Editorial Page Editor

During the 2008 campaign, Barack Obama repeatedly said he would tell Americans the hard truths — not what “you want to hear but . . . what you need to hear.”

On the most vexing challenge facing the country — how not to go bankrupt — he hasn’t lived up to the promise.

I’m not talking about Exhibit A in the Republican indictment, which is the rapid rise in the deficit over the past two years. Given the economy he inherited, Obama would have been derelict not to increase spending.

But when it comes to what has to be said and done for long-term fiscal responsibility, the president has chosen easier politics over harder truths.

His signature achievement is a health-care bill that represents, happily, a major step toward universal health care and contains some hopeful seeds of cost control. But it is also the biggest new entitlement since Medicare with little new revenue to support it. The bill does include a watered-down version of a tax on high-priced employer-provided health-care plans, but even that won’t take effect until after a second Obama term would be over.

As Congress considered naming a bipartisan fiscal commission with statutory teeth, Obama was AWOL, though presidential lobbying might have made a difference. When the toothless commission that he subsequently appointed unexpectedly coalesced around a fiscal plan that managed to attract support ranging from Dick Durbin on the left to Tom Coburn on the right, Obama refused to lend it a hand.

When Republican Paul Ryan offered his own long-term plan, Obama responded with a speech that was more a prelude to the 2012 election than a plausible invitation to negotiation.

And throughout, the president has stuck to the position, belied by his own budget numbers, that his vision of government is affordable without raising taxes on anyone but the rich.

Now the conventional wisdom in Washington has it that the presidential campaign has begun and we shouldn’t expect any serious progress toward debt reduction until 2013.

And, as if on cue, Republican candidate Tim Pawlenty is promising, yes, hard truths.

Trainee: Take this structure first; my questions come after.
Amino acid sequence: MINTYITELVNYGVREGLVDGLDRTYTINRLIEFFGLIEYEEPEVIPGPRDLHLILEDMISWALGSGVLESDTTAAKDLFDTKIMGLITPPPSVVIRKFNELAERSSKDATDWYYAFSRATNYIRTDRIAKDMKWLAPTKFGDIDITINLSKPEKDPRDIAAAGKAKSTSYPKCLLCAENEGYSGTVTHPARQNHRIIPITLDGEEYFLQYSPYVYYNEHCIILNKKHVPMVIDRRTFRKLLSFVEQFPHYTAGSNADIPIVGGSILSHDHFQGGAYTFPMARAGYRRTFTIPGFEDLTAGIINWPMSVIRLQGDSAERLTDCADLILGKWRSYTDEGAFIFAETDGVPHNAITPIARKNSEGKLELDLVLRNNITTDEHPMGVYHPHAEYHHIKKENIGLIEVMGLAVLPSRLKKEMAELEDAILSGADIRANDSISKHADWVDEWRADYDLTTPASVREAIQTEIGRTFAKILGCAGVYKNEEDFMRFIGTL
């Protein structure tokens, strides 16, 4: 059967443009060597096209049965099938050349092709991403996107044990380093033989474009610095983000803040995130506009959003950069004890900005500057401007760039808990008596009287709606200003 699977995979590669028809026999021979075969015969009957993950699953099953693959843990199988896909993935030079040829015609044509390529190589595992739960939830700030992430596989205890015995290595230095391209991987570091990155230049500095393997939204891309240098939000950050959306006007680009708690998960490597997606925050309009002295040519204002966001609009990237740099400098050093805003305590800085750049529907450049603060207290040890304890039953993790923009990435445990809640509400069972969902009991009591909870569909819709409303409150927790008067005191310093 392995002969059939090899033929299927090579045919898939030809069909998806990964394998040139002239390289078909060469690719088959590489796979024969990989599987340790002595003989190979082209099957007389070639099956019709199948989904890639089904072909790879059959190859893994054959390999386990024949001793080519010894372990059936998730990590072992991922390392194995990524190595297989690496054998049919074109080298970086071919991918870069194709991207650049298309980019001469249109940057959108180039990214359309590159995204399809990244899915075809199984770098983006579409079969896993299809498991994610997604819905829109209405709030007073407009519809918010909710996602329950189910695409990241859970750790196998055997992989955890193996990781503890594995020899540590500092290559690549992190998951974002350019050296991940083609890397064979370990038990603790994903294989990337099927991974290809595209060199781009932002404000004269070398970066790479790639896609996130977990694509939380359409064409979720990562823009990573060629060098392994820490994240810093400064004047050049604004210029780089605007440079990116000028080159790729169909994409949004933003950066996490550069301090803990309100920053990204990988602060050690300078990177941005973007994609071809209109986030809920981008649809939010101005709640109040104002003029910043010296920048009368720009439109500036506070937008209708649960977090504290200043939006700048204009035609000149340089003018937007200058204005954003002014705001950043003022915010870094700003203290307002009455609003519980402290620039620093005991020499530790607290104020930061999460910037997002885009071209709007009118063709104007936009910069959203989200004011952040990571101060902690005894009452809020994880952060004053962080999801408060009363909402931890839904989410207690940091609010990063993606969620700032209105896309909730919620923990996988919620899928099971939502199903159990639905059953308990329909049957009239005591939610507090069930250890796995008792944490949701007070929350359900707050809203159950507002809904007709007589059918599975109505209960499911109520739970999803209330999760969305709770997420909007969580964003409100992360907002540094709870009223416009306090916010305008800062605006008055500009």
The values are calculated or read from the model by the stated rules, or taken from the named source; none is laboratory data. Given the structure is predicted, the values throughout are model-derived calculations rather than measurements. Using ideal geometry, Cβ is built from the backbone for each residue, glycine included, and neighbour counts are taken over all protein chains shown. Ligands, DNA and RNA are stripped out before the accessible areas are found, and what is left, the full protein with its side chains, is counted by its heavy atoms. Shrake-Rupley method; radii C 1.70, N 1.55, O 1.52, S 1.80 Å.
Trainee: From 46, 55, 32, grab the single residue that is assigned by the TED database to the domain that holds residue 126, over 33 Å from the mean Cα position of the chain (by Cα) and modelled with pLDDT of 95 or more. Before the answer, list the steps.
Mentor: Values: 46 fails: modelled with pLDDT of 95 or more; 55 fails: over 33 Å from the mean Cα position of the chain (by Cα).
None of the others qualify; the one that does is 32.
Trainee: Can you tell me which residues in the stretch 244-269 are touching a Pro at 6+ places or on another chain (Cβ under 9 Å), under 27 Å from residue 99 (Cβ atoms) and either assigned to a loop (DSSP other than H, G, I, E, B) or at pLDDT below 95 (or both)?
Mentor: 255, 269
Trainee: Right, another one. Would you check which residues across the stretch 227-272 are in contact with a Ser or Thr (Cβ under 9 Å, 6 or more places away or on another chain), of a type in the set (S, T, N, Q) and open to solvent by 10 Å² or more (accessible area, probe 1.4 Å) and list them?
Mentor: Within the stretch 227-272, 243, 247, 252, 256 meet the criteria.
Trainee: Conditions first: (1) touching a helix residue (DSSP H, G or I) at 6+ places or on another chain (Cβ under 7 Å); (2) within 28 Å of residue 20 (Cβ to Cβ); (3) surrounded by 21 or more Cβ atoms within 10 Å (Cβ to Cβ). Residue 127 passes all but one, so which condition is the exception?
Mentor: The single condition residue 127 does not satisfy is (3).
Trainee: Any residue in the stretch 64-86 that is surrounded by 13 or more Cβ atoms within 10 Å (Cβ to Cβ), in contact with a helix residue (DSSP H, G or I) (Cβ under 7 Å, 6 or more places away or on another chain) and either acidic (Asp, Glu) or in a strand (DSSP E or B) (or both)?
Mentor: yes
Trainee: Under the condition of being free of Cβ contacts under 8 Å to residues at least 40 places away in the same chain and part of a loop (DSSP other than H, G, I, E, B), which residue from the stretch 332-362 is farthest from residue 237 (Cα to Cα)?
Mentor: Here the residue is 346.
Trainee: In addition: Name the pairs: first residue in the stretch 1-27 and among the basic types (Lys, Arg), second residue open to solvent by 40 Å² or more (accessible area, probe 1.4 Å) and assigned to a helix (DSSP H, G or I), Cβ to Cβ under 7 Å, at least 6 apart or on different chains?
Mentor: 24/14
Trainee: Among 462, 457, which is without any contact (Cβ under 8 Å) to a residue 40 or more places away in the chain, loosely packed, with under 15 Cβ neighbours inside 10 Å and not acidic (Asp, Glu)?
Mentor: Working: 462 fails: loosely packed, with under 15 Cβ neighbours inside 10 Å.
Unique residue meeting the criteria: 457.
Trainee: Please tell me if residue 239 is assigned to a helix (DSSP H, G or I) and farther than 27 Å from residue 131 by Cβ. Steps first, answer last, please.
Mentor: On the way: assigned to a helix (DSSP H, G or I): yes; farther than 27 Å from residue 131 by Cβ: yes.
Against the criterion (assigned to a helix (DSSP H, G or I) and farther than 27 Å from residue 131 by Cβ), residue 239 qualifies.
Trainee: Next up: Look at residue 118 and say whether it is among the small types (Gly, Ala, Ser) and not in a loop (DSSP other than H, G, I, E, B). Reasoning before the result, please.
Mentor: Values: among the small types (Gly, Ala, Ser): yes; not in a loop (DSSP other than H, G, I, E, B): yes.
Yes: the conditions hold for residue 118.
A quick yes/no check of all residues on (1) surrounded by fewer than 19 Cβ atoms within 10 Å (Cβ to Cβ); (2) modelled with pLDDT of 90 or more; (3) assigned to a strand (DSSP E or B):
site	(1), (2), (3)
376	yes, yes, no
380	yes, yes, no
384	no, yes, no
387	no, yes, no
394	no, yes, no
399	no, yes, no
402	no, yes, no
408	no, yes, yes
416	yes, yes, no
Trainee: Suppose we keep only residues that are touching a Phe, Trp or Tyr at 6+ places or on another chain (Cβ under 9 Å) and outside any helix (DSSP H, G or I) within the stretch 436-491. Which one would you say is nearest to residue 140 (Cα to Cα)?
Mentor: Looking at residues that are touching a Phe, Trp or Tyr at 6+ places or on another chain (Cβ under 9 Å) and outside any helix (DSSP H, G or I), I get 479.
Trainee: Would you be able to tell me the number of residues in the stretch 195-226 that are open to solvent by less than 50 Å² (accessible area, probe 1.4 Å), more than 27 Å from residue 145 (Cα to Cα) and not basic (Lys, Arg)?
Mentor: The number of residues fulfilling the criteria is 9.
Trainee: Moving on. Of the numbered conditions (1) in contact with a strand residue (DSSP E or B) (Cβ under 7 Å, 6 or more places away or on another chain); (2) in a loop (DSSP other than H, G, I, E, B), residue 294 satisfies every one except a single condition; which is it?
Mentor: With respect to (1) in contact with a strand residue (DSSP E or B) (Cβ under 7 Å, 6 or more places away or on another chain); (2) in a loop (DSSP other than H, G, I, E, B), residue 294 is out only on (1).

“I could promise that we can eliminate a $14 trillion debt, create jobs for 10 million people, restructure Social Security and health care, all without making any tough decisions,” he said as he prepared to announce his campaign. “Or, I could try something different. I could just tell you the truth.”

That was less than a month ago. Last week, Pawlenty offered an economic plan that set a modern-day record for wishful thinking.

It counts on a rate of growth far higher than the U.S. economy has ever sustained in the modern era. It proposes flattening and lowering income tax rates, but without — as has always been the case with flat-tax proposals — taking away any of the special-interest subsidies and deductions built into the tax code. Altogether, as Ruth Marcus reported last week, the Pawlenty plan could cost more than $11 trillion over the next 10 years.

So much for “tough decisions.”

Pawlenty’s fictions are particularly disappointing because, as a former two-term governor of a purple state, he entered the race understanding the difference between governing and pandering. Now he has set a bar of irresponsibility to which his rivals will feel pressure to stoop.

And as the incumbent has discovered, irresponsible campaign promises don’t magically fade upon election. There’s no guarantee that Obama would have behaved differently as president had he not promised during the campaign never to raise taxes on the middle class or laced into John McCain’s sensible proposal to tax employer-provided health care. But there’s no doubt that both campaign stances limited his freedom in office.

There are meaningful philosophical divisions between the parties, and campaigns are important to draw distinctions and fight them out. But most Americans aren’t extreme left or right. They wouldn’t be satisfied with the services they would get from a government spending only 18 percent of GDP, as Pawlenty proposes, but they don’t want Obama’s 25 percent either.

The hard truth, in other words, is that there will have to be compromise. Should we be soothed by those who tell us it is likely to be achieved in 2013? When the time comes, the same people will be pointing out that Obama is a lame duck, or that the new Republican president is shackled by promises that saw him or her through the primaries. And the 2014 election will be looming.

We are always somewhere in the election cycle. Compromise will require a leader to put the national interest first, to take a chance on delivering hard truths, not just promising them. That will be no easier, and no less risky, in 2013 than it is today.